Hood sat staring at the picture of Diablo on the wall. How simple life had been then. The game. The horse. Power. It had all come crashing down. He was falling still but he wasn’t through, not just yet. He would see to Wulf, ensure a safe future for his own son and sister.
The Patron. To hell with the man. He was losing it. That much was plain to Hood. He was too wrapped up in that damned woman. Hood knew full well what that could do to a man. Oh yes, he had lived that one all right. So far Wulf had shown the good sense not to follow the slut. Hood was surprised at that. Perhaps a man could learn a little something.
Hood had made a foolish move and was fully aware of it. Sometimes he wondered what got into him. He had done a Wulf-type thing, committed himself to folly. Taking the woman from Vasquez wouldn’t sit well with the Patron. But how could he give her up just like that? How could the blood of Vasquez run so cold?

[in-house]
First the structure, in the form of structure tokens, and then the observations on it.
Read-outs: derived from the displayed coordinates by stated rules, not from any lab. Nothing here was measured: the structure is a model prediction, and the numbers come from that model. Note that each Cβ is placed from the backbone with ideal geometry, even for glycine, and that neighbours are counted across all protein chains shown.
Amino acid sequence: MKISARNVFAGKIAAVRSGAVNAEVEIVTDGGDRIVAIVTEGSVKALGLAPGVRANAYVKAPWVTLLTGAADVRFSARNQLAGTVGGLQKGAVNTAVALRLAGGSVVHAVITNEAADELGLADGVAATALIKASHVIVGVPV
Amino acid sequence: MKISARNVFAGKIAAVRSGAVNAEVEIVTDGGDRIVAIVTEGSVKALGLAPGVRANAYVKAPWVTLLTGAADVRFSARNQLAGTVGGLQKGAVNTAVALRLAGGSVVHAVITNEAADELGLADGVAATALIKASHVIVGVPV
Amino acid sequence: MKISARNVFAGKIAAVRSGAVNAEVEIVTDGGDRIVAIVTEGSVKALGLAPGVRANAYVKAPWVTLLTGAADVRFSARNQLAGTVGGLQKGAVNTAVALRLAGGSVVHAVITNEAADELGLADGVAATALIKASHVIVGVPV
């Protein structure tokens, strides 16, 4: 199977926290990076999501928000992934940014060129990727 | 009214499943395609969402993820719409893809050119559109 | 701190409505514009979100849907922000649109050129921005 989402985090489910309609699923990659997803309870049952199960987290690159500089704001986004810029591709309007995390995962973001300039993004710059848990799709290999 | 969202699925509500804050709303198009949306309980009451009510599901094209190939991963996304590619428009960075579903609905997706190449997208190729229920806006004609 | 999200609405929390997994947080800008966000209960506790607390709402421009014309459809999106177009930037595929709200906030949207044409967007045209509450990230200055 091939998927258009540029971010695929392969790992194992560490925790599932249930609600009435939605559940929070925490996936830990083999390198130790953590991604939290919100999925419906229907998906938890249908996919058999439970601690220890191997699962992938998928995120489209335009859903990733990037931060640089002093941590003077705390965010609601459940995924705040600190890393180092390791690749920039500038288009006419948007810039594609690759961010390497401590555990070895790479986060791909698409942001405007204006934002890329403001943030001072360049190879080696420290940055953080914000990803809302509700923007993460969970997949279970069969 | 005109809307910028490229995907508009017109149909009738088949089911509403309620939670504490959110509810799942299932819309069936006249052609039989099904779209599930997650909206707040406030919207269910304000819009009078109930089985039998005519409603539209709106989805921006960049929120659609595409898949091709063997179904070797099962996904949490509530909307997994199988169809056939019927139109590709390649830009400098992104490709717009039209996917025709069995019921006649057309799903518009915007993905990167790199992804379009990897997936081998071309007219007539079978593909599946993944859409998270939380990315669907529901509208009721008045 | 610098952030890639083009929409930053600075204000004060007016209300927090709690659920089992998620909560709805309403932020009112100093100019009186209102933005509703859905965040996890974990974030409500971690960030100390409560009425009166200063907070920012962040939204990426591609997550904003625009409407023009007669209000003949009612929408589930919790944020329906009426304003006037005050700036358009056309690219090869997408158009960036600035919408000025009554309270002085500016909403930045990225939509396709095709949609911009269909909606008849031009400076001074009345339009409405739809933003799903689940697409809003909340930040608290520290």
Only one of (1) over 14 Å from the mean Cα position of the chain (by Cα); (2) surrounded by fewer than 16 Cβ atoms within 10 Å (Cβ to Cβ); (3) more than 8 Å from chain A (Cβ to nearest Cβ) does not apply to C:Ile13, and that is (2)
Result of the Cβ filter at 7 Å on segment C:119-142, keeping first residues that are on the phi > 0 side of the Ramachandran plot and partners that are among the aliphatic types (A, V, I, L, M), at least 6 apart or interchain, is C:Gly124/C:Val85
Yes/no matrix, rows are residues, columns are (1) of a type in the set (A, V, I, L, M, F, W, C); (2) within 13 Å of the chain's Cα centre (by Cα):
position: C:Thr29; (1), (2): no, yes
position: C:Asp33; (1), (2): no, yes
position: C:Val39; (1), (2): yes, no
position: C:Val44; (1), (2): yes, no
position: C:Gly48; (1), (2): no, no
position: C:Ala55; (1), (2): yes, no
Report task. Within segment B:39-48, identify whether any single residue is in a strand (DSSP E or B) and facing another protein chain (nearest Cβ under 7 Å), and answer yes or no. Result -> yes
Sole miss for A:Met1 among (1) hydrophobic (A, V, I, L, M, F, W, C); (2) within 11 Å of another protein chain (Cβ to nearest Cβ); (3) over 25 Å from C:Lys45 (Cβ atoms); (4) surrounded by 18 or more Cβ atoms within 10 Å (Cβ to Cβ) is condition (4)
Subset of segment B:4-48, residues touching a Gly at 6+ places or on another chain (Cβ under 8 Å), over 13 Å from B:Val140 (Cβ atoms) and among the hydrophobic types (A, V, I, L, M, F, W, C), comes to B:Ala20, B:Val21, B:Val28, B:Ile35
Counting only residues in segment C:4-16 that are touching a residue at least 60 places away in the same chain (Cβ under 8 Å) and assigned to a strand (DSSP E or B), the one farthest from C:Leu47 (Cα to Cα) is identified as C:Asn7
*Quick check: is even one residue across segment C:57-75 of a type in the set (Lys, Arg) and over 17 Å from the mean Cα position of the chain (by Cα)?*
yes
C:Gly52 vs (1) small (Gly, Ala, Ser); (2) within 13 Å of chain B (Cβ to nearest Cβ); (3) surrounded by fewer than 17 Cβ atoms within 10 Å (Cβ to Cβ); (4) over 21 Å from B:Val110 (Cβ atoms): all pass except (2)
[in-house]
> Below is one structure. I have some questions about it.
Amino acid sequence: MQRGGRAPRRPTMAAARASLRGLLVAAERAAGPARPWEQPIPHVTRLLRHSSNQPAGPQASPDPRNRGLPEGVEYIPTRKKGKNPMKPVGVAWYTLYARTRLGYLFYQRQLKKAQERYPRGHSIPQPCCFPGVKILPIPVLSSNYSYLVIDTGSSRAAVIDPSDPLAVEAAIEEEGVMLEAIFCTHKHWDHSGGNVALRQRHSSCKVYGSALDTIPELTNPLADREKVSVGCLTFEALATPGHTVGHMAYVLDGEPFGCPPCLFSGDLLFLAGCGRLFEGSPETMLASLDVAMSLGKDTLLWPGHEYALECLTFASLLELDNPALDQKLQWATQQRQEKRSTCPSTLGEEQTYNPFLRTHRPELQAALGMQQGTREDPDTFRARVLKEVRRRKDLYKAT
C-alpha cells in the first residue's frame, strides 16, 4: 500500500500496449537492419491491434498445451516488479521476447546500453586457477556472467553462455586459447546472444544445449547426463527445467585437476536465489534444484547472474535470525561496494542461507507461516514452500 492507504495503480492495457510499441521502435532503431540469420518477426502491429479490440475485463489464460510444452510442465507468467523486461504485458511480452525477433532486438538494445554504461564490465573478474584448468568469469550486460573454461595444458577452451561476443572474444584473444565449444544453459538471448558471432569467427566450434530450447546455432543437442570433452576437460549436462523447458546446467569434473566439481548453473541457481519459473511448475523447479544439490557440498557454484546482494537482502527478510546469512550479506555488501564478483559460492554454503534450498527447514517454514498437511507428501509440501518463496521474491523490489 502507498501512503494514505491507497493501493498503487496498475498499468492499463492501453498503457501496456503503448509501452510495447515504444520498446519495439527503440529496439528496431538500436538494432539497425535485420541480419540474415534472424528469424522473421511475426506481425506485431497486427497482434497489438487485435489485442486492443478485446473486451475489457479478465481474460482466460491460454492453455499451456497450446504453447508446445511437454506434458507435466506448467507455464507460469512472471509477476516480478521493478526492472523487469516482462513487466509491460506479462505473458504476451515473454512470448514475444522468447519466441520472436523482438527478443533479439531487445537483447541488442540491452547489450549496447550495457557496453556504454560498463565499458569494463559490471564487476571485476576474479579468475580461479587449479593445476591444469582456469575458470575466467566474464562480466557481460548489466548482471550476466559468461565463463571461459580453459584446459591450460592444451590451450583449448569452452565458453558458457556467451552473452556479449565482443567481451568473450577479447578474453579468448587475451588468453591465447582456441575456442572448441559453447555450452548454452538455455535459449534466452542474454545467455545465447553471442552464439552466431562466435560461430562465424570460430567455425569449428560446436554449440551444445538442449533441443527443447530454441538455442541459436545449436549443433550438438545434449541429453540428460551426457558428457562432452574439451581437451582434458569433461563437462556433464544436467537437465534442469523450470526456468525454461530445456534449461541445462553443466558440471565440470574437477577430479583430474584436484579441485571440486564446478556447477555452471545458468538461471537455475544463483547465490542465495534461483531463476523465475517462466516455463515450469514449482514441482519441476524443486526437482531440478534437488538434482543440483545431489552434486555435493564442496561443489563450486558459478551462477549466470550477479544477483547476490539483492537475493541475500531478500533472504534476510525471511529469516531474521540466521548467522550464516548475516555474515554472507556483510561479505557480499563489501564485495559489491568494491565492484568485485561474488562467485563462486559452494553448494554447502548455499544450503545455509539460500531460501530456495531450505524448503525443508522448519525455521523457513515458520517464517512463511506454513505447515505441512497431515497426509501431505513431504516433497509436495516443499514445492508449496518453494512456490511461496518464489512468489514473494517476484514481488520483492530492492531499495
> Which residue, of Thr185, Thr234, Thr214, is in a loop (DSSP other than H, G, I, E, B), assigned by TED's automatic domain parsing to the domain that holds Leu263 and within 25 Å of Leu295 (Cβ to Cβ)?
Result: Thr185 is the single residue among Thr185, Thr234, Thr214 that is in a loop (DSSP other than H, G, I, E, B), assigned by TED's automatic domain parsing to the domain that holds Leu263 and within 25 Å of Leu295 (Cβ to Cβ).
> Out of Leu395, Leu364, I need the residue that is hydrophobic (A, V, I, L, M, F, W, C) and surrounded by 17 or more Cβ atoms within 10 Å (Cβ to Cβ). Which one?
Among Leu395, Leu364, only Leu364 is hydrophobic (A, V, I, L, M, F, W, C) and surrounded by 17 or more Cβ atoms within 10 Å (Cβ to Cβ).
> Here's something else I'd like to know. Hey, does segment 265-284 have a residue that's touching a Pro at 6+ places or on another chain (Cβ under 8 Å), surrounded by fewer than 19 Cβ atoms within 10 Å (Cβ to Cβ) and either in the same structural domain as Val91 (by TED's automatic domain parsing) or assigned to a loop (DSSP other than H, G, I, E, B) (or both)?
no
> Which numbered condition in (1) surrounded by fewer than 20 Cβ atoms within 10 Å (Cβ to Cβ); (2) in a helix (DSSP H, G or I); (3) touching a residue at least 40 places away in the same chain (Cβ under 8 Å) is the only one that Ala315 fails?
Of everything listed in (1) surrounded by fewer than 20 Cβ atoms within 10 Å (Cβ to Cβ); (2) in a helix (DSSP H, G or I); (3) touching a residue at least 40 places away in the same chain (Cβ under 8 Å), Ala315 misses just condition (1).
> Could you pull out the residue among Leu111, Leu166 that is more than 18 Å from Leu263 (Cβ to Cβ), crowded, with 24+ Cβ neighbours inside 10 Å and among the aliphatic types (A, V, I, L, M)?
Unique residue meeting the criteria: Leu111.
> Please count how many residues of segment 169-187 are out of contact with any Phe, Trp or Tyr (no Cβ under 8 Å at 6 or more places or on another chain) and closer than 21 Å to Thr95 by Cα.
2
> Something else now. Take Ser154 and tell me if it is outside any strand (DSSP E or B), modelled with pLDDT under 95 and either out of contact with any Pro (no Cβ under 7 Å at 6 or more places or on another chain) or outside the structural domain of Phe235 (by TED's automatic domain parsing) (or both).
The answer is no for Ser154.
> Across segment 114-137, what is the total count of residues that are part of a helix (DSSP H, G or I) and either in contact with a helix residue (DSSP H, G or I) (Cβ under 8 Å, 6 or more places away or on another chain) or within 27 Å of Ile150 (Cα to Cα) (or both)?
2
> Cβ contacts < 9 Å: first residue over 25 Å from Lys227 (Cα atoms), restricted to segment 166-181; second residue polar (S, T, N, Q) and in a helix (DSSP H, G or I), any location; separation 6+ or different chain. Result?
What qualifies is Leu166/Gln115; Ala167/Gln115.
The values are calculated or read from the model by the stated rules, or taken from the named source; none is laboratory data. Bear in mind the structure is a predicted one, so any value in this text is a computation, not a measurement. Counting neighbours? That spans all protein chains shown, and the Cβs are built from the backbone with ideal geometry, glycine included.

The three of them had served the Patron for over twenty years, in one capacity or another. Vasquez had apparently lost all sense of loyalty in one mad flash of lust. He had his señoritas, his whores. Maybe it was some unanswered need deep inside of him, to possess and destroy something of the Patron’s. Or, had the Patron ordered it... Ah hell, Hood wasn’t a thinking man and he knew it. He had chanced upon Vasquez and Misty and, when he saw what was going down, he came up behind him and clubbed the man unconscious with a big fist. Nothing fancy, impulse. He had always wondered about his chances if he faced Vasquez straight up and he wondered still. He had saved the woman’s life and compromised himself with the Patron in the process. So much for his only out.